Lastly, however good the office space is, the office worker is only going to be as fast as the technology he or she is working with. If the office hasn't got the latest software, quickest internet signal or fastest mobile network then the minutes lost are going to be very difficult to recover. It doesn’t even need to cost the company any money in some cases. One good way of getting the best technology in to the office is to invite your employees to bring their own devices in. Besides, 49% of employees say they are more productive using their own devices.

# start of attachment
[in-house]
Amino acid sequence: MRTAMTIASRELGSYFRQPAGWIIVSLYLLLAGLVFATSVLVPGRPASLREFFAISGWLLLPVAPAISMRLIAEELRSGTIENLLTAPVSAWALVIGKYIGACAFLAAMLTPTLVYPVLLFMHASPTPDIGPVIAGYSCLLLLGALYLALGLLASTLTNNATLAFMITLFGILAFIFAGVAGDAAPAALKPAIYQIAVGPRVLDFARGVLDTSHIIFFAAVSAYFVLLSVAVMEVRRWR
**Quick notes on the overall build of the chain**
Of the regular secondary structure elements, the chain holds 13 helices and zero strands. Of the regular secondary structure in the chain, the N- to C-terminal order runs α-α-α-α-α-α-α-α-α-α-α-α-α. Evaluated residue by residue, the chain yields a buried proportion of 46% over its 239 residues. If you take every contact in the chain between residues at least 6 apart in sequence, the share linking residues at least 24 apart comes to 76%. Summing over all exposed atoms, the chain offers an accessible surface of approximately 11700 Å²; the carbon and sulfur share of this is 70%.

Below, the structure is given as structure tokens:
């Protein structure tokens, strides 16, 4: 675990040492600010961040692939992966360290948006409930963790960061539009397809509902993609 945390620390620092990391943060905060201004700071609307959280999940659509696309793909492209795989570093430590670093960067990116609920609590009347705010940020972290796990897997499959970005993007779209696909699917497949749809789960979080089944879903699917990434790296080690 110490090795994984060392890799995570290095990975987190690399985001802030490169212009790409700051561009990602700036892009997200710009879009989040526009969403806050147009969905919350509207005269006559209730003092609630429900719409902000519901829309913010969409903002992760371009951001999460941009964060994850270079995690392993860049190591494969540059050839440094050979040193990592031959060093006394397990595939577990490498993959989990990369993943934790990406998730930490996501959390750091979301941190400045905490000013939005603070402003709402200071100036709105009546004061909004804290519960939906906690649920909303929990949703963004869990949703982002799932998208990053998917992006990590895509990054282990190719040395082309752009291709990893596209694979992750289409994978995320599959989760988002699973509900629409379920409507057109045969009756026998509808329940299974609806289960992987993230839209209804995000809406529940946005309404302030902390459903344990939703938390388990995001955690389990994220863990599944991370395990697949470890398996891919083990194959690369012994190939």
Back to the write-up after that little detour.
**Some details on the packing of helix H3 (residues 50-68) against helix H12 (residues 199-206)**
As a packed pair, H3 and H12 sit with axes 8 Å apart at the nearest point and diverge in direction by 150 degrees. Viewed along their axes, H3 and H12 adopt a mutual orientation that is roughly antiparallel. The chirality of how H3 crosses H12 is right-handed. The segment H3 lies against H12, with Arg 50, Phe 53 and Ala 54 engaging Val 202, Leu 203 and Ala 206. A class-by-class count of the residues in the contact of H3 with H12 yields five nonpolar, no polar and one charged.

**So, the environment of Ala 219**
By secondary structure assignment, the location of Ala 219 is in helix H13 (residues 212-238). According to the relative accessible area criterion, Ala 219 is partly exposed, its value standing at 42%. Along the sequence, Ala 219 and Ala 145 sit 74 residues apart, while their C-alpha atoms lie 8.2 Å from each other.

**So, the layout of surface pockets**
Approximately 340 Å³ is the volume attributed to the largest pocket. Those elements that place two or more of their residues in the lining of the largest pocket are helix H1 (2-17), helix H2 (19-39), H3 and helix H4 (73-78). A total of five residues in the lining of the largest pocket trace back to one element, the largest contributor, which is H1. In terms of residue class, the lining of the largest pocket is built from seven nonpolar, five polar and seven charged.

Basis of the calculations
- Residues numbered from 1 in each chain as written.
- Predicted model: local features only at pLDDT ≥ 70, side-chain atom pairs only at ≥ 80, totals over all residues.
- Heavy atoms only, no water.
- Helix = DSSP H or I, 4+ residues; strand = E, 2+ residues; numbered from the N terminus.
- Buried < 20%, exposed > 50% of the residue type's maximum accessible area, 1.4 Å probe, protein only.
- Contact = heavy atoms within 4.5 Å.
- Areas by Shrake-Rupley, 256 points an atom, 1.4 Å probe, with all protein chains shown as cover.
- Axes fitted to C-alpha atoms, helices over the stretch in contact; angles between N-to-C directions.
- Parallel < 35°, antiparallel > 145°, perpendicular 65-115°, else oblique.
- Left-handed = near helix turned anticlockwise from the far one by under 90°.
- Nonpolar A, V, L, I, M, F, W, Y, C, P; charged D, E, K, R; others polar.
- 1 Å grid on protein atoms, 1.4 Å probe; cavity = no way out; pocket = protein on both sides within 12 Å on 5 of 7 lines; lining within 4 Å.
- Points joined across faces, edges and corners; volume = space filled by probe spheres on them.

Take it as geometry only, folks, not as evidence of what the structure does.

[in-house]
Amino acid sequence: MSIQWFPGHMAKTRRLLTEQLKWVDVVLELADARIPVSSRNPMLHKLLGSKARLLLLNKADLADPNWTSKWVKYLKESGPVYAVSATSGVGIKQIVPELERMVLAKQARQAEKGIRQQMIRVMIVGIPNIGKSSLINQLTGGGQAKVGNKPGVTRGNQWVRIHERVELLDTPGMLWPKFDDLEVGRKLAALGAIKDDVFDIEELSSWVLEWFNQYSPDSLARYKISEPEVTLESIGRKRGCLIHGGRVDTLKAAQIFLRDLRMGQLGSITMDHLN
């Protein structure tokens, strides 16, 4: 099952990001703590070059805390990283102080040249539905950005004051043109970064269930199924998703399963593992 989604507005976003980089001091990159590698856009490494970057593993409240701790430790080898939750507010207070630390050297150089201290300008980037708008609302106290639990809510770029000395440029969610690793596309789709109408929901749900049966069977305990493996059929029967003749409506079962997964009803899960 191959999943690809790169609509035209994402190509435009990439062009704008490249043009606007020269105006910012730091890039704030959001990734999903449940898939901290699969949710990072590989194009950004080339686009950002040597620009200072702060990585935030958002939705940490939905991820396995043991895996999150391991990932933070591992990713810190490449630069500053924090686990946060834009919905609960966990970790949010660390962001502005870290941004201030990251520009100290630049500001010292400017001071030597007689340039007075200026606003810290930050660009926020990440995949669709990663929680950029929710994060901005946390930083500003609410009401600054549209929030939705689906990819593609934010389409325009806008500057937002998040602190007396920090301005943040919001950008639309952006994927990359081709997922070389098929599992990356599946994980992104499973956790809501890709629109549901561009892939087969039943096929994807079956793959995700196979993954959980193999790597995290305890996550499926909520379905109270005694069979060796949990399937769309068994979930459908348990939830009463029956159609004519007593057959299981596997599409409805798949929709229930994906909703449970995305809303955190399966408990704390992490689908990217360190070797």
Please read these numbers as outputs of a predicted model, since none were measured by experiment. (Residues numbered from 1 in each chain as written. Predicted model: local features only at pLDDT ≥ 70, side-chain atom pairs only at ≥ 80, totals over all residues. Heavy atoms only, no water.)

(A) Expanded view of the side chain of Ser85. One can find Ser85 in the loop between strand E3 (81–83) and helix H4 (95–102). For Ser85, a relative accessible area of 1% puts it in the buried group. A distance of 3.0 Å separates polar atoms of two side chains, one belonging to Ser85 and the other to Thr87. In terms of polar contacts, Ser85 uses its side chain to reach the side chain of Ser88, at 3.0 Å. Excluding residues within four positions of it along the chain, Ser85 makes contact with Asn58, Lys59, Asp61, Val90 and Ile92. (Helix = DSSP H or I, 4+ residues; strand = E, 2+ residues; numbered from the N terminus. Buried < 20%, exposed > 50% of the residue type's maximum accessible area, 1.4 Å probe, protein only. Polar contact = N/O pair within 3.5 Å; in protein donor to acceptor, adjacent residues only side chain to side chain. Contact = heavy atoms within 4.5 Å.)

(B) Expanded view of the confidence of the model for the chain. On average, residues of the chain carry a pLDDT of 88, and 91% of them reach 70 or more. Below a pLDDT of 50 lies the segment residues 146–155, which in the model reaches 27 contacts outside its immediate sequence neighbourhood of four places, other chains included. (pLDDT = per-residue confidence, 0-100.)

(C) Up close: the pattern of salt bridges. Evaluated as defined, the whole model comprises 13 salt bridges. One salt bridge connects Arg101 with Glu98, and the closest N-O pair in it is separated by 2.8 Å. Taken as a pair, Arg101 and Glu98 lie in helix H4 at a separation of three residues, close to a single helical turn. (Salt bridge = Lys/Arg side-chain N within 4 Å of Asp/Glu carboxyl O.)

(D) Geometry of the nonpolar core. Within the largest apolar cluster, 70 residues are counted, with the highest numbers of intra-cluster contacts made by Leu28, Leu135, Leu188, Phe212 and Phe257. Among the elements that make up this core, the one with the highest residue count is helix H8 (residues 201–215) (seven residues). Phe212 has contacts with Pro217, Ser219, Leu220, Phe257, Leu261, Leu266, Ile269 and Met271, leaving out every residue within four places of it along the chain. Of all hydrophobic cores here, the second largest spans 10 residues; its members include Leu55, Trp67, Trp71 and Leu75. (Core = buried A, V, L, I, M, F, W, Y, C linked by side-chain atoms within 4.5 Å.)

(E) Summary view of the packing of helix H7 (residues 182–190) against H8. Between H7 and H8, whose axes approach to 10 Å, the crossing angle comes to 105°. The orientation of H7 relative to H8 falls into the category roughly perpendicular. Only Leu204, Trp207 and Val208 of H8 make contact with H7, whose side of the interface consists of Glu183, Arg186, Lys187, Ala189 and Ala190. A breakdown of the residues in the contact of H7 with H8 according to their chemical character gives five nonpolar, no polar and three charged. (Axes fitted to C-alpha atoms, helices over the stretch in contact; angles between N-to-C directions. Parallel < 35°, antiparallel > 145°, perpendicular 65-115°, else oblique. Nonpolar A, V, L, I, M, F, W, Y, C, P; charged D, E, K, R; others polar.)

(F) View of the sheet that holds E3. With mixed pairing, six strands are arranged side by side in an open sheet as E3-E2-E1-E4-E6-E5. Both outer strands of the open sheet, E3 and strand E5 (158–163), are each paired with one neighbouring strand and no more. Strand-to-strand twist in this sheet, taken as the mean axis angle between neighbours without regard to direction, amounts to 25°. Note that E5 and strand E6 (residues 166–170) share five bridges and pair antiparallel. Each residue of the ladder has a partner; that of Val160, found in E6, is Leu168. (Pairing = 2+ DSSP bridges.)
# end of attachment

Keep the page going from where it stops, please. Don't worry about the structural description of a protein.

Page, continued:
By following these tips, you are sure to find yourself with a more productive workforce. However, we are aware that businesses don’t operate with a bottomless pit of money so incorporating all of them could be a problem. Start off by making a priority list, build from there and reap the rewards.